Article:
Joe Merante

Joe Merante

Details

  • Bio:
  • Email: joe@codeforamerica.org
  • Fellow
  • Austin: While seeking a link to an old press release on the city site, discovered their archives were very limited and inconsistent. There were some errors in how the site automated the deletion of certain posts, and we were told they've been reexamined their entire approach to archiving. I suggested maintaining archives for a much longer period of time (ideally permanently as some cities do, whether required by law or not) for various public interest purposes, and offered suggestions for alleviating concerns about misuse or misinterpretation of past info.
  • Austin: Prior to the SXSW festival in Austin, I noticed that the street closings info on the city web site was not conveyed in a mobile-friendly format, also only displayed in pdf's. Emily suggested creating a Google Custom map, which I did using the closings listed on the city's site. The city updated their online press release with the embedded map, which got about 4,000 views. After the event, I tried to use the map as an example of why the city should release their street closings and special events road closings data in a machine-friendly format, or at all. Those efforts are pending. http://bit.ly/sxstreets
  • Austin: Our city contacts had been asking us for more examples of apps built using city data to use in their discussions with departments about open data policy. Using an app Jesse built for Chicago called DeepDish, I modified the code to use a data set from Austin's data portal containing restaurant inspection scores. Both Jesse and Mick helped with a few coding questions that came up. The city contacts replied that this is exactly what they were looking for. App is live at http://deepdishatx.herokuapp.com.
  • Austin: Over the weekend, I noticed a Tweet about broken links appearing in Google for Austin's 311 web site. In February, we had communicated with the web team about SEO in general. The general SEO issues related to the city's new web site appear to be resolved, and they have set up a redirect from the old 311 page (which appears in search results for 'Austin 311', 'Austin Texas 311' etc.) to the current page. We've offered to help with SEO more generally.
  • Austin: Emily created an awesome infographic for the City of Austin Sustainability Department to highlight their "Rethink Austin" campaign in advance of Earth Day. She produced the first drafts then worked with the stakeholders to make sure their objectives were in alignment as the project progressed. The final product can be viewed at one of two uber-long url's that hopefully we'll remember to update once it's posted on a CfA site. http://www.austintexas.gov/sites/default/files/files/Sustainability/Rethink_-_SAA/RETHINK_Poster_-_FINAL.pdf https://d2q0qd5iz04n9u.cloudfront.net/_ssl/proxy.php/http/gallery.mailchimp.com/7eae25b3fcdc6e862a1a20456/images/rethink_austin.jpg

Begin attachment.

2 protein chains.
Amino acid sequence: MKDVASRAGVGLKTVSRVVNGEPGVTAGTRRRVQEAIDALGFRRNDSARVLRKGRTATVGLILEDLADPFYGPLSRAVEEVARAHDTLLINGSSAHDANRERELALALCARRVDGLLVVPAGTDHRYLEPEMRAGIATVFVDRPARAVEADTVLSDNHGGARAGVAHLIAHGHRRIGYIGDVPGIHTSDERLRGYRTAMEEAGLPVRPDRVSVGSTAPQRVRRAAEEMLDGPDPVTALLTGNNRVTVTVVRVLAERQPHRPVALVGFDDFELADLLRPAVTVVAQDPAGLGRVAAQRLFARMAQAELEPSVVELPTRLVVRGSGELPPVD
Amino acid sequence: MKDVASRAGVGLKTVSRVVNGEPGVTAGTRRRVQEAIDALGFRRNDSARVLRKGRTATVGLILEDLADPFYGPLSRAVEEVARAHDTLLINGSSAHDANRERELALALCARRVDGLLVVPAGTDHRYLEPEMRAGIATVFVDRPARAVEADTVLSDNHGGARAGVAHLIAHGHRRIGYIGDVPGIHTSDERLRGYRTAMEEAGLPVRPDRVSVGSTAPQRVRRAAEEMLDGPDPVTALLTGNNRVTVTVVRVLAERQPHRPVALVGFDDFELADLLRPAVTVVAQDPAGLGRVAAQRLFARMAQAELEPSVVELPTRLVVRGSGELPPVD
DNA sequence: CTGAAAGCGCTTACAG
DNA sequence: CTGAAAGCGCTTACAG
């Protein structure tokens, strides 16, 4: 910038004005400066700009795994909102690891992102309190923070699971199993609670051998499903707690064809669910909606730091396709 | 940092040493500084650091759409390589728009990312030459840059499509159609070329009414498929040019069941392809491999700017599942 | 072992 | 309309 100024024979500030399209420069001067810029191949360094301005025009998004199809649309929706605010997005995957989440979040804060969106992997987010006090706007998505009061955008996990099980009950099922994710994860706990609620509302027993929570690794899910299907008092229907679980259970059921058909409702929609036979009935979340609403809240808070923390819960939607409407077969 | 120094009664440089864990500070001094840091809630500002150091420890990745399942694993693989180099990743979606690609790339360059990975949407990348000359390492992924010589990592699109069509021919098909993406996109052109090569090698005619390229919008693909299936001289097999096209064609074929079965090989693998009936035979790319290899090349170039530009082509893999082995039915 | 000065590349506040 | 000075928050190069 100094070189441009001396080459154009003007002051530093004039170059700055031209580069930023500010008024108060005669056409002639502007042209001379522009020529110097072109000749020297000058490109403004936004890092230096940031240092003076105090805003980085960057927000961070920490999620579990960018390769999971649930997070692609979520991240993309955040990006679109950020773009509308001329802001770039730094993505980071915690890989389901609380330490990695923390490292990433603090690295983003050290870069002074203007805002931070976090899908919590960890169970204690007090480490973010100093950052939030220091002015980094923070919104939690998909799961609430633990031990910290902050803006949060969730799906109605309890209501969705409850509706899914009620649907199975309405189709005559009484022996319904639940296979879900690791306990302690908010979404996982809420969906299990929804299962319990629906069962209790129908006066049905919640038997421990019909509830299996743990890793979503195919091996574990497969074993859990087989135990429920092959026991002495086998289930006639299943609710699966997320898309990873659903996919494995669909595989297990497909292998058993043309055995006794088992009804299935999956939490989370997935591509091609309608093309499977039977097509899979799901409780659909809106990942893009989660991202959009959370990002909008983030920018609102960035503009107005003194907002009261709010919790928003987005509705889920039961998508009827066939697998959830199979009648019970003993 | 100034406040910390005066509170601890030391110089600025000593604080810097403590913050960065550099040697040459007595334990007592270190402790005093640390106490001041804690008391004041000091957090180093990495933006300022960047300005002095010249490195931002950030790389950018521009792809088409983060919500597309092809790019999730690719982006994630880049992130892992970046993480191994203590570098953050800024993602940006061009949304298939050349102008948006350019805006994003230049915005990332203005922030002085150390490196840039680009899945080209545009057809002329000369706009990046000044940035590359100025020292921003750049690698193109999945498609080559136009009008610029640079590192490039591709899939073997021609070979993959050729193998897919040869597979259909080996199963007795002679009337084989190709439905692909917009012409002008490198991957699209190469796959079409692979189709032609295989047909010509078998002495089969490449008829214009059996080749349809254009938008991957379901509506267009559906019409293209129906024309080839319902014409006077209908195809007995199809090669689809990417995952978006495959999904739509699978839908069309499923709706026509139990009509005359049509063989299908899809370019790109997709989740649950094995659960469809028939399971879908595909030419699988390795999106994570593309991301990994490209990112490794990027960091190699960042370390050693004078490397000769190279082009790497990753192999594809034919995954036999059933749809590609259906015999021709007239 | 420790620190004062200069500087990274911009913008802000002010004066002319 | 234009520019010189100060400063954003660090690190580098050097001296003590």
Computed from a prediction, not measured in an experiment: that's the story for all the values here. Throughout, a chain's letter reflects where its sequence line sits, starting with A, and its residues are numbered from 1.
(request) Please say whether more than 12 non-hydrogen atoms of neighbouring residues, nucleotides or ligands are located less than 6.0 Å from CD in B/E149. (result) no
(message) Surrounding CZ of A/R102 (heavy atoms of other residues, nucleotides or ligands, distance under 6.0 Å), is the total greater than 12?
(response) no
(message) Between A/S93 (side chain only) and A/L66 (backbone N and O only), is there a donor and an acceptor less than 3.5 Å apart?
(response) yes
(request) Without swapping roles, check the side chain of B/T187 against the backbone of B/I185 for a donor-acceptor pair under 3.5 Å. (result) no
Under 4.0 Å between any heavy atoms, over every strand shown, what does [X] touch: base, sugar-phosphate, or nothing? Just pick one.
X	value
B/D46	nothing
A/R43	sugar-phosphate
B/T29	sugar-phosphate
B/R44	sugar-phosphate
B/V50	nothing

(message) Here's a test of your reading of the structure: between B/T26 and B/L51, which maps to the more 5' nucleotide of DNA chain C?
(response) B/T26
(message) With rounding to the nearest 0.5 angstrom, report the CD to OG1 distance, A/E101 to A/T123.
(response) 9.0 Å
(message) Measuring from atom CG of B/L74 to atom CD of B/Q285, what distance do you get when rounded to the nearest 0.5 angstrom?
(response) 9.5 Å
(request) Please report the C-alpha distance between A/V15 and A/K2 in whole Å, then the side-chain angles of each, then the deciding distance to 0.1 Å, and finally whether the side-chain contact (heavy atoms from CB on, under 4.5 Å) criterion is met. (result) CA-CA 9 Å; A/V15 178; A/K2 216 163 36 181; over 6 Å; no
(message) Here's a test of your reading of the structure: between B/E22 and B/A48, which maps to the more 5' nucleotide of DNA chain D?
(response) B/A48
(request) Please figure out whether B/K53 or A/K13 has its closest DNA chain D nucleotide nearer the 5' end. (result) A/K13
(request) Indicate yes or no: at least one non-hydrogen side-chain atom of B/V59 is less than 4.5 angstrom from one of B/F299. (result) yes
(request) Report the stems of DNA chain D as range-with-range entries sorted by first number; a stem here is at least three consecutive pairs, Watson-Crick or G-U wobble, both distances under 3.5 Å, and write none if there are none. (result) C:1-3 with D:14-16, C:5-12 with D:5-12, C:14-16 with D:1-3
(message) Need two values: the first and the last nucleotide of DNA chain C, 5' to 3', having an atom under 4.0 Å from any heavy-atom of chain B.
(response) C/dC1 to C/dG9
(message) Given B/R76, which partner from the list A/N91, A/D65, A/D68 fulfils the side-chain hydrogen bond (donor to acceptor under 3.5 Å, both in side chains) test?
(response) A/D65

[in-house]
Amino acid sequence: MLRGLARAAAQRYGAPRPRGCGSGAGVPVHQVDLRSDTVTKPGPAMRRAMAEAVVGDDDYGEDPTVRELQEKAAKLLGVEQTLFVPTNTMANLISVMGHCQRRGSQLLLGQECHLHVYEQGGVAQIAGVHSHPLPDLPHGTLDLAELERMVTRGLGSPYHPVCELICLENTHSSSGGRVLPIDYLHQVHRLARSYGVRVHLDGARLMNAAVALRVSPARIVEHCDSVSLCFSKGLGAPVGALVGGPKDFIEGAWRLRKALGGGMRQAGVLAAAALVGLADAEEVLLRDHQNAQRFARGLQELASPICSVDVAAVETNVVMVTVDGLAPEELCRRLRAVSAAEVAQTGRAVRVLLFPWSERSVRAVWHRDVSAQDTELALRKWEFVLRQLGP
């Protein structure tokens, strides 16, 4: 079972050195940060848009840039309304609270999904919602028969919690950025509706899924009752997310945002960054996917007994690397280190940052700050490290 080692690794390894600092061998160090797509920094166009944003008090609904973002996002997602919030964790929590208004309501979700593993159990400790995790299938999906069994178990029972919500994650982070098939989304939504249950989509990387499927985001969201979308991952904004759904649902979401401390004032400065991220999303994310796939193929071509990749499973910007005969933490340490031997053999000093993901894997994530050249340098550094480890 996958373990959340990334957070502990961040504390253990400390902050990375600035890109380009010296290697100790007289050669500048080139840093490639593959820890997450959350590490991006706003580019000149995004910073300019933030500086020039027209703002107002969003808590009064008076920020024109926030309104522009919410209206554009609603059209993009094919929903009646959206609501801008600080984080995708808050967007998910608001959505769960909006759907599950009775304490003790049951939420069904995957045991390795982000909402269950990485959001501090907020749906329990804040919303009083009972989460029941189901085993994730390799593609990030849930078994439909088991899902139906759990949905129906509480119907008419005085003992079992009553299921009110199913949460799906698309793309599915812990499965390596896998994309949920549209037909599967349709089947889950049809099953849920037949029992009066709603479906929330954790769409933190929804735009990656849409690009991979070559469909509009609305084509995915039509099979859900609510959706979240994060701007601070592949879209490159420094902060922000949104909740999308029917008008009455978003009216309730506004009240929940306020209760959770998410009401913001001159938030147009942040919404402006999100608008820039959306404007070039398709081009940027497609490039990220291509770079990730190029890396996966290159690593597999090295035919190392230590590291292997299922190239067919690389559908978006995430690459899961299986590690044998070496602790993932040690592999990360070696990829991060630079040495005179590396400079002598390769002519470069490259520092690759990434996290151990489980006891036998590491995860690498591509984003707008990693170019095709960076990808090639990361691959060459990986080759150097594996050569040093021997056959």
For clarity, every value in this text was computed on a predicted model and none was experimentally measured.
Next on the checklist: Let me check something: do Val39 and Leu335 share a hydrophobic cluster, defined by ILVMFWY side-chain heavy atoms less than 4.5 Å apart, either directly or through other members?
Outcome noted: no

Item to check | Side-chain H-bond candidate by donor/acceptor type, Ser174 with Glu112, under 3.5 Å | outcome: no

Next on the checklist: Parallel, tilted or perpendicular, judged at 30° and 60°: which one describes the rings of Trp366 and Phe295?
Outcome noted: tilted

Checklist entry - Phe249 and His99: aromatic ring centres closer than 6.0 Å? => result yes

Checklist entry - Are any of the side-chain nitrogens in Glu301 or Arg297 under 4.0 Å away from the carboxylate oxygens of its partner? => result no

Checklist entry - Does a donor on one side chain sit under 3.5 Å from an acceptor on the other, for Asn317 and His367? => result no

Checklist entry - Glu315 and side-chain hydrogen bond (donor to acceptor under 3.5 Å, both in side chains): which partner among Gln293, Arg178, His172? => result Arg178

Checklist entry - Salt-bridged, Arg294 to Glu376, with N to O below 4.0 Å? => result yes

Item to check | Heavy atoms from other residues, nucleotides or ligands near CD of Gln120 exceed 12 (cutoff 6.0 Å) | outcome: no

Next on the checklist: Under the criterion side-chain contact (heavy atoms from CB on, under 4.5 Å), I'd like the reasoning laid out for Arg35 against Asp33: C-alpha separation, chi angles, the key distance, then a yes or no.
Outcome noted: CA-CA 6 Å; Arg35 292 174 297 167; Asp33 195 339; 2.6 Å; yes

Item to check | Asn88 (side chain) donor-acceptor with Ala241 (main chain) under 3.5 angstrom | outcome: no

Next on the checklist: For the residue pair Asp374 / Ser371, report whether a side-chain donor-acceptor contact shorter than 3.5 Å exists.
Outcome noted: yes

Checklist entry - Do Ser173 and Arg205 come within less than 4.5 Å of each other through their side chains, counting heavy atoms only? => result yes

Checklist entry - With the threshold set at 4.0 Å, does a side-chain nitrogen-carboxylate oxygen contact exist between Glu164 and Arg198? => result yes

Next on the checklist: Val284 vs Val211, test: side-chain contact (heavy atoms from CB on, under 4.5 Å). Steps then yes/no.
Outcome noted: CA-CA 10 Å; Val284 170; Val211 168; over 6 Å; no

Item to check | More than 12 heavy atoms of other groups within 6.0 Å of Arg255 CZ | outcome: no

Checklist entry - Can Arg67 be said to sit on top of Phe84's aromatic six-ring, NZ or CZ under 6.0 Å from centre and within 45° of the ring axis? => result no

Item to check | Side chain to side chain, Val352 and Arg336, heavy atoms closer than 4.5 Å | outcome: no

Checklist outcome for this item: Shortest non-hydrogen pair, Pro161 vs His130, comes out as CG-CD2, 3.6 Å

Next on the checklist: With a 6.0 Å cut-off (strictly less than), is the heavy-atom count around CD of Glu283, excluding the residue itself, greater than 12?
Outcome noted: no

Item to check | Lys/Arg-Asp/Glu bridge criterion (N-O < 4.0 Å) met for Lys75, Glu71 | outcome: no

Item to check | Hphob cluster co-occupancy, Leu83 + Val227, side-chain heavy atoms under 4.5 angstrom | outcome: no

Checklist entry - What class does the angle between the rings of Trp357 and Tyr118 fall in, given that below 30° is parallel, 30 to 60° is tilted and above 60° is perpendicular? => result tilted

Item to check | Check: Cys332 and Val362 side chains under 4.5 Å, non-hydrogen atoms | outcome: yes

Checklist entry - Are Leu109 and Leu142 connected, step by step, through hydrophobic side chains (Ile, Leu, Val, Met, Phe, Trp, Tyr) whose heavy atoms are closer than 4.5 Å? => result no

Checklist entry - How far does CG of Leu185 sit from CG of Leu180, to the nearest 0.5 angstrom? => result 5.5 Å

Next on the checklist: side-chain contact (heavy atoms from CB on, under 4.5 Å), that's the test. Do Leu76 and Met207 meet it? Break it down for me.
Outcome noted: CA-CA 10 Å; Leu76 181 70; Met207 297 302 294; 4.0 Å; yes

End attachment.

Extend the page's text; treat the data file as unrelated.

• Austin: Prior to Code Across America on 2/25/12, the Austin public library provided us with a data set containing the number of materials checked out and public Internet users per branch each month, compared to the same month in prior years. When we forwarded the data set for addition to the city's portal, we were provided with a form that a library Director needed to fill out first, which has been a consistent issue in the release of more data to the portal - who wants another form to fill out? We asked the library's webmaster to complete the form, which he told us he did. More important, he replied and told us that they'll be releasing monthly updates of this data set to the portal.
  • Austin: Getting the 311 group on our side. We contacted the 311 group before our residency and were told they couldn't meet until upgrading their system. After a few followups, then having an Assistant City Manager and the City Communications Director contact them, we had an hourlong meeting which included the 311 Director, a few of his project managers, the city's data portal lead (from the web, not 311, department) and Motorola (311 vendor). We discussed the open311 spec and how to implement it; Motorola would have to enable the Connected Bits module in the city's system. We went over examples of apps built from 311 data, discussed concerns that 311 and departments would have (security, standardization, etc.) and next steps forward. Matt Esquibel, the city's data portal lead, highlighted Baltimore's open data and 311 apps approach which uses the same Motorola platform and Socrata data portal. We felt like we won over the 311 team by the end of the meeting and set up next steps to keep things moving toward APIs and apps, beginning with regular dumps of csv's to the city's data portal.